It doesn't take more than a semester of economics classes to imagine the devastating affect of raising the price of Mexican real estate across the board 16% and the price of financing that home by 30-45% would have on a very competitive international real estate market, just now crawling back to life.
The 16% sales tax applies to nearly everything except food and medicines. That may seem steep, even to Californians who pay about 1/2 that in state sales tax. But the IVA is a significant portion of the Federal Revenue, as income taxes are much lower in Mexico for the average tax payer. Based on my own personal experience I calculated out my assorted income and property taxes, sale tax on say 60% of my annual buying dollars and based on a constant standard of living; I pay about 31% of my gross income in total taxes in Mexico, versus 51% of my gross income, my last year in San Diego. As an added benefit as a permanent resident, my annual health care plan, equivalent to the average employer provided health care I had in the States, costs me $248USD for two, for two years.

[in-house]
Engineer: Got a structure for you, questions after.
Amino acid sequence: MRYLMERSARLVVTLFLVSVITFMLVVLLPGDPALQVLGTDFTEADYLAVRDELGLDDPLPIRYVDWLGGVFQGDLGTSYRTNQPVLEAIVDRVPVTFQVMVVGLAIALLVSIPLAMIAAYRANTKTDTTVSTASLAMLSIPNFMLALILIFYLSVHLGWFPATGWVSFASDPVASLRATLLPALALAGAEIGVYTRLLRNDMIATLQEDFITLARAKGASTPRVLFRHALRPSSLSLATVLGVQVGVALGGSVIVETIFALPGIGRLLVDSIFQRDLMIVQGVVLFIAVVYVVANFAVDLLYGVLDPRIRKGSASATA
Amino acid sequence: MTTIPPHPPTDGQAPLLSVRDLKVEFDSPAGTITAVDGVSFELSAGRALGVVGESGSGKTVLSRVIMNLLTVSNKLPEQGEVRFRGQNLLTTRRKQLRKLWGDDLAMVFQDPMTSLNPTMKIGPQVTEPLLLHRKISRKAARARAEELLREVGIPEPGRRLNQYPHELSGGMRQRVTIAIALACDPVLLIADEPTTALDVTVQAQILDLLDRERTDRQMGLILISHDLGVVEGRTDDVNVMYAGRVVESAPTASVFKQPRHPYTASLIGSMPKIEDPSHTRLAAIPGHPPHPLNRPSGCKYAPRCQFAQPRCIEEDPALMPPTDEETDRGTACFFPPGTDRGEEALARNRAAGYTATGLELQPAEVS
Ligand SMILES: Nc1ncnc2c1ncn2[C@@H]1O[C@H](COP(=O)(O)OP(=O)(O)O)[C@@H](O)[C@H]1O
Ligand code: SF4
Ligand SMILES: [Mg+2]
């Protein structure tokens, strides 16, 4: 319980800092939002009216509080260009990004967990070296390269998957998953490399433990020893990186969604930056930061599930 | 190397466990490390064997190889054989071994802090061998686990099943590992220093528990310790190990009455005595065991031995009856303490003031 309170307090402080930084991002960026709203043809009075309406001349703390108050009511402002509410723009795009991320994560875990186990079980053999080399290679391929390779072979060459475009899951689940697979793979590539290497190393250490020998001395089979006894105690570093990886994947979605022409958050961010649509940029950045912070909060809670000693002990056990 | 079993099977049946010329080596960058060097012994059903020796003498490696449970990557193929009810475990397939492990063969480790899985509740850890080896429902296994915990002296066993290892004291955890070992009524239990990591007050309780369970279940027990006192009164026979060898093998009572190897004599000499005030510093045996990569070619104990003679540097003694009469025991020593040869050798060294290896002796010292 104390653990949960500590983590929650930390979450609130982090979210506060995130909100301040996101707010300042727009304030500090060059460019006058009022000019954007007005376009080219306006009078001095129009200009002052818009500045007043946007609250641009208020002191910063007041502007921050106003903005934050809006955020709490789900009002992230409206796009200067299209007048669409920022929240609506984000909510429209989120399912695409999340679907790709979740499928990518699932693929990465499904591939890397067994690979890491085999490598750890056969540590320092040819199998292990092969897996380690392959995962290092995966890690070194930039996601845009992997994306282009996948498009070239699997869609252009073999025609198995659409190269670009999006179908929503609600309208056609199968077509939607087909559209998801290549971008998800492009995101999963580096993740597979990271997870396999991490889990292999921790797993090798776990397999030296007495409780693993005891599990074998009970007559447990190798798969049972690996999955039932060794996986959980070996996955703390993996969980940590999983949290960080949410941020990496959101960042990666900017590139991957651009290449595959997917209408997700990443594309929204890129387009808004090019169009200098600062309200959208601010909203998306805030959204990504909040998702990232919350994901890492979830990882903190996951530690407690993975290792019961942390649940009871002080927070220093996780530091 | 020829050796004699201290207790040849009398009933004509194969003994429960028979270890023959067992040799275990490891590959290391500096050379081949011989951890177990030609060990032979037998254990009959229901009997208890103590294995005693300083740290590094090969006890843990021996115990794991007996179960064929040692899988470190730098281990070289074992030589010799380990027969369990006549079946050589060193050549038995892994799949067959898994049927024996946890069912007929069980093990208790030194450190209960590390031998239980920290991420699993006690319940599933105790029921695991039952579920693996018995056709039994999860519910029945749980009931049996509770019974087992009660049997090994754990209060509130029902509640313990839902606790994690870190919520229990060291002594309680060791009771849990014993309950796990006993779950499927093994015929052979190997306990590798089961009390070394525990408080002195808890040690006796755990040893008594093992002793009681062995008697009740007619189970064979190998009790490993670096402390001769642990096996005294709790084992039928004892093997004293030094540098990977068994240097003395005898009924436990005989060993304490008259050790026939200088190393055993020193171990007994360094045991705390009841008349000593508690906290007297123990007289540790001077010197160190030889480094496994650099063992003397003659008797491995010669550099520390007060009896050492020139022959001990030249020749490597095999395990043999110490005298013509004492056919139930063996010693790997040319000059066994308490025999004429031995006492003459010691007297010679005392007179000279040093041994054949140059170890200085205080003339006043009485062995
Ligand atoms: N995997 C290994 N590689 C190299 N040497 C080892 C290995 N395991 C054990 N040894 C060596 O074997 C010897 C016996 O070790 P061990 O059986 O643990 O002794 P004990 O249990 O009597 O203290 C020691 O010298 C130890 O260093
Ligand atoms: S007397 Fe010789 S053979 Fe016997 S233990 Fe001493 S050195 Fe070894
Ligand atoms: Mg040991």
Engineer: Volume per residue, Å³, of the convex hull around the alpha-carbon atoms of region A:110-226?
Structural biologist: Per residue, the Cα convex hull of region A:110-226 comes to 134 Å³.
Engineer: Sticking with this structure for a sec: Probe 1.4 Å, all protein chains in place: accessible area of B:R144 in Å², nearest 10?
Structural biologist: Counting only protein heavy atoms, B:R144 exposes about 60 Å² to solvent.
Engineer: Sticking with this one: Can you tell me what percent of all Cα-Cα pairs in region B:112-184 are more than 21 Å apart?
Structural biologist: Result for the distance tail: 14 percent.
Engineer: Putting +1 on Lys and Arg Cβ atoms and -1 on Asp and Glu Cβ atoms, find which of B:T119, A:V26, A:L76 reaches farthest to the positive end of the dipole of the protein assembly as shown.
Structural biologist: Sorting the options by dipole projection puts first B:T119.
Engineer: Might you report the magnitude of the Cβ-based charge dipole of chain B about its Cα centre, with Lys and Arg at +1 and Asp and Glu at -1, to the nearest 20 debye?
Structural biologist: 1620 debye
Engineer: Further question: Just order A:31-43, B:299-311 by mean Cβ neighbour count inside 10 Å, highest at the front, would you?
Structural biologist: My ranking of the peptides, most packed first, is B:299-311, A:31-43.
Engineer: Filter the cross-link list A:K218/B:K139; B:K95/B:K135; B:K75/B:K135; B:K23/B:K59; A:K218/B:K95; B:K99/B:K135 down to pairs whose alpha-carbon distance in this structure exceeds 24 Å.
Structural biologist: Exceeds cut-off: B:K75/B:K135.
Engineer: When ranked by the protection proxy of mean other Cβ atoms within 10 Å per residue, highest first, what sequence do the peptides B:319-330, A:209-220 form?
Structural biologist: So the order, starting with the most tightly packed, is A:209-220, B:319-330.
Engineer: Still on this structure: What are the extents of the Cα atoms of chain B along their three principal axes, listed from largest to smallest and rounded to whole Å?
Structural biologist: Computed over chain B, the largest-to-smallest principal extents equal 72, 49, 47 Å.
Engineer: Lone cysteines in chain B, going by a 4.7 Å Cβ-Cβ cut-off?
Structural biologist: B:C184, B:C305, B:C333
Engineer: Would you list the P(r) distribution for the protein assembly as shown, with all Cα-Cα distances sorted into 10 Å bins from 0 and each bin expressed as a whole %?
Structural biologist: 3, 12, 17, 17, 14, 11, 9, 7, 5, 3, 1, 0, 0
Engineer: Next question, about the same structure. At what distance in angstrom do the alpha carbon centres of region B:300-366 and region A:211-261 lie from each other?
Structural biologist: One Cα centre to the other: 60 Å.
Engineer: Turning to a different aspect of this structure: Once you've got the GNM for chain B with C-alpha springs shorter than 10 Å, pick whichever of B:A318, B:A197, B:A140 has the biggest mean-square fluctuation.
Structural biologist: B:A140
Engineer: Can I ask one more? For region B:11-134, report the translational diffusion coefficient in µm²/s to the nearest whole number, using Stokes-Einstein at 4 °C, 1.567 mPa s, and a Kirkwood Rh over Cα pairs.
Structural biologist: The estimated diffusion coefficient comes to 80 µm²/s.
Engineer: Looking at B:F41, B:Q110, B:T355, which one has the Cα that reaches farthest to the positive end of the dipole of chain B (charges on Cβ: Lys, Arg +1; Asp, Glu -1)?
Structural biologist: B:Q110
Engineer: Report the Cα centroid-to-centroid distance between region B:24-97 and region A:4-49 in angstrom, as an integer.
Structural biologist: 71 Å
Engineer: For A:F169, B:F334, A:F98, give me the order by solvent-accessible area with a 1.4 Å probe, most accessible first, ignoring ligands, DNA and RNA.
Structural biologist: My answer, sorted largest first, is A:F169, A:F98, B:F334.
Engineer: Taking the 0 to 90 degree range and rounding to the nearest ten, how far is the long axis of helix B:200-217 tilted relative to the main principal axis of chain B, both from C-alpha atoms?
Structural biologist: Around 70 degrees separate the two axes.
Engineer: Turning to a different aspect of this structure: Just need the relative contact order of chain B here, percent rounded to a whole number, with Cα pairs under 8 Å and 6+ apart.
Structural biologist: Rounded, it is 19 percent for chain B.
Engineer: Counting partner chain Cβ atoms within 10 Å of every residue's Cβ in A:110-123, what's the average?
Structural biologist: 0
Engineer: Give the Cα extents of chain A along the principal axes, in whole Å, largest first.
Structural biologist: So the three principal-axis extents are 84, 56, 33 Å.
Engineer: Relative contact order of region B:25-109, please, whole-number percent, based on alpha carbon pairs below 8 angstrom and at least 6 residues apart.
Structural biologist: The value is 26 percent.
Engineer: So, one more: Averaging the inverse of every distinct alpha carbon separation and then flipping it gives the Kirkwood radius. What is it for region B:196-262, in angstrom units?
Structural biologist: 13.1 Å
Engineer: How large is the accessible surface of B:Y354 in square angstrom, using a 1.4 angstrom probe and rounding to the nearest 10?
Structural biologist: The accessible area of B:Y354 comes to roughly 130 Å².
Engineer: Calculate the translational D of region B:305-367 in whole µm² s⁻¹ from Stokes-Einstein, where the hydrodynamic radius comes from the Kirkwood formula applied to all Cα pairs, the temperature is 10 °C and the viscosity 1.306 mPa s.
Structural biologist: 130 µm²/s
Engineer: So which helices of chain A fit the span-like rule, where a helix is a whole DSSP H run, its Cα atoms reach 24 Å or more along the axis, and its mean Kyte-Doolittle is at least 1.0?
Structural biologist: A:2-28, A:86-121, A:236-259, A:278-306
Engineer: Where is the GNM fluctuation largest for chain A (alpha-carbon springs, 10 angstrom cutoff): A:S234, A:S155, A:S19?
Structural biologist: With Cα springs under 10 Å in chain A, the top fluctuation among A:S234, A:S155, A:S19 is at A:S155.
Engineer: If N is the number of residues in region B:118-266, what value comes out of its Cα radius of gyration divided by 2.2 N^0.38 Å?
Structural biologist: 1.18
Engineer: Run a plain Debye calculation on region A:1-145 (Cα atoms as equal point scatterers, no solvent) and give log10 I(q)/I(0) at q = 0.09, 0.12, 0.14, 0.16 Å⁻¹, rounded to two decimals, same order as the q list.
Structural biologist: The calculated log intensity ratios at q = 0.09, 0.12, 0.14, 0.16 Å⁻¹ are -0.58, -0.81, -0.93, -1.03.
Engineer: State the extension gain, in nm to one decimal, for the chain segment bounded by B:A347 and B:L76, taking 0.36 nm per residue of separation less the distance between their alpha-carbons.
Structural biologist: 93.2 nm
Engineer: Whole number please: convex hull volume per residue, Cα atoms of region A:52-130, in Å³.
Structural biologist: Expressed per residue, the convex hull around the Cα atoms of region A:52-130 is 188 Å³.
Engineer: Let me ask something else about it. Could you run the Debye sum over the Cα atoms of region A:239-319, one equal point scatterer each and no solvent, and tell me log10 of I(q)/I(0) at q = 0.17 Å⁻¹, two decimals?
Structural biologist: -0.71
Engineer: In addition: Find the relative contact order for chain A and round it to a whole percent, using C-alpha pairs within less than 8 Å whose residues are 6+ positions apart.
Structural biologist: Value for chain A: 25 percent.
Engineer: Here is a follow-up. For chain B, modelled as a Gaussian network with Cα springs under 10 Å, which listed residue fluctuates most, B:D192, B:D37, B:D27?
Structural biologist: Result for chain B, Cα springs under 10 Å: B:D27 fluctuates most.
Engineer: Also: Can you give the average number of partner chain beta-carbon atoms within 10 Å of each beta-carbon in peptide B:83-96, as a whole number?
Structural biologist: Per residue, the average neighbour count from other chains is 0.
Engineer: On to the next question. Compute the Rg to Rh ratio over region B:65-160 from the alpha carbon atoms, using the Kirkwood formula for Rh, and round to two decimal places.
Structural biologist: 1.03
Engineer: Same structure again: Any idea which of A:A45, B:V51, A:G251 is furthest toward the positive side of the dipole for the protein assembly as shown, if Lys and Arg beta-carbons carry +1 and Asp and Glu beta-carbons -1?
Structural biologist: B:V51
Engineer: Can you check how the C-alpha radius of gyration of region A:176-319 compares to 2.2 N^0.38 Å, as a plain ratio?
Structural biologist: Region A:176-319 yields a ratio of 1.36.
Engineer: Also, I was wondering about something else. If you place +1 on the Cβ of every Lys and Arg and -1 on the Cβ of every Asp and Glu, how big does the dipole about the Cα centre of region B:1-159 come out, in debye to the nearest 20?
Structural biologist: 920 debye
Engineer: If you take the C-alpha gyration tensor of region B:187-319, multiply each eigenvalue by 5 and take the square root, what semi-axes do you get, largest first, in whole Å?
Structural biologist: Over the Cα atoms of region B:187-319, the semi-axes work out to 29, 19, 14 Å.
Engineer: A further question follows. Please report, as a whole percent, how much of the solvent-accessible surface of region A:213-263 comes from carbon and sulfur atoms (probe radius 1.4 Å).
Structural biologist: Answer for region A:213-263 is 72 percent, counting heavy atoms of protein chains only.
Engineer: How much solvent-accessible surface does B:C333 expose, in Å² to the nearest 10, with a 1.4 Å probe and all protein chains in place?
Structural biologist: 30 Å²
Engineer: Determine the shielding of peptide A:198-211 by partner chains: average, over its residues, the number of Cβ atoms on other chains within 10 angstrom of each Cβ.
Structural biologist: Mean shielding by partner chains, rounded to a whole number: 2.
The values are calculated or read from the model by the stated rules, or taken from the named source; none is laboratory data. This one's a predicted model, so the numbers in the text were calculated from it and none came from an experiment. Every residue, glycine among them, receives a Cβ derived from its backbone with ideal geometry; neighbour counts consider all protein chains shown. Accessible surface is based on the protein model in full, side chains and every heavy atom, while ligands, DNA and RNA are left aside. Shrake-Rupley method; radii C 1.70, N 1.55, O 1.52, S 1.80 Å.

The tax bill faced heavy lobbying from representatives of the Baja California states and other border states affected by the tax increase There was a lot of local name calling and posting of the names of the representatives that failed to oppose the tax increase. It will undoubtedly have an affect on the state elections coming in 2014.
Unfortunately, the local voices crying out to maintain the tax difference proved infinitesimal as the voices were too small to matter in the national forum. Of the 32 Mexican states, Baja California is 14th in Gross Domestic Product and Baja California Sur is 31 of 32, with the second lowest Gross Domestic Product of the Mexican states. Our special tax status was thrown under the bus without a second thought.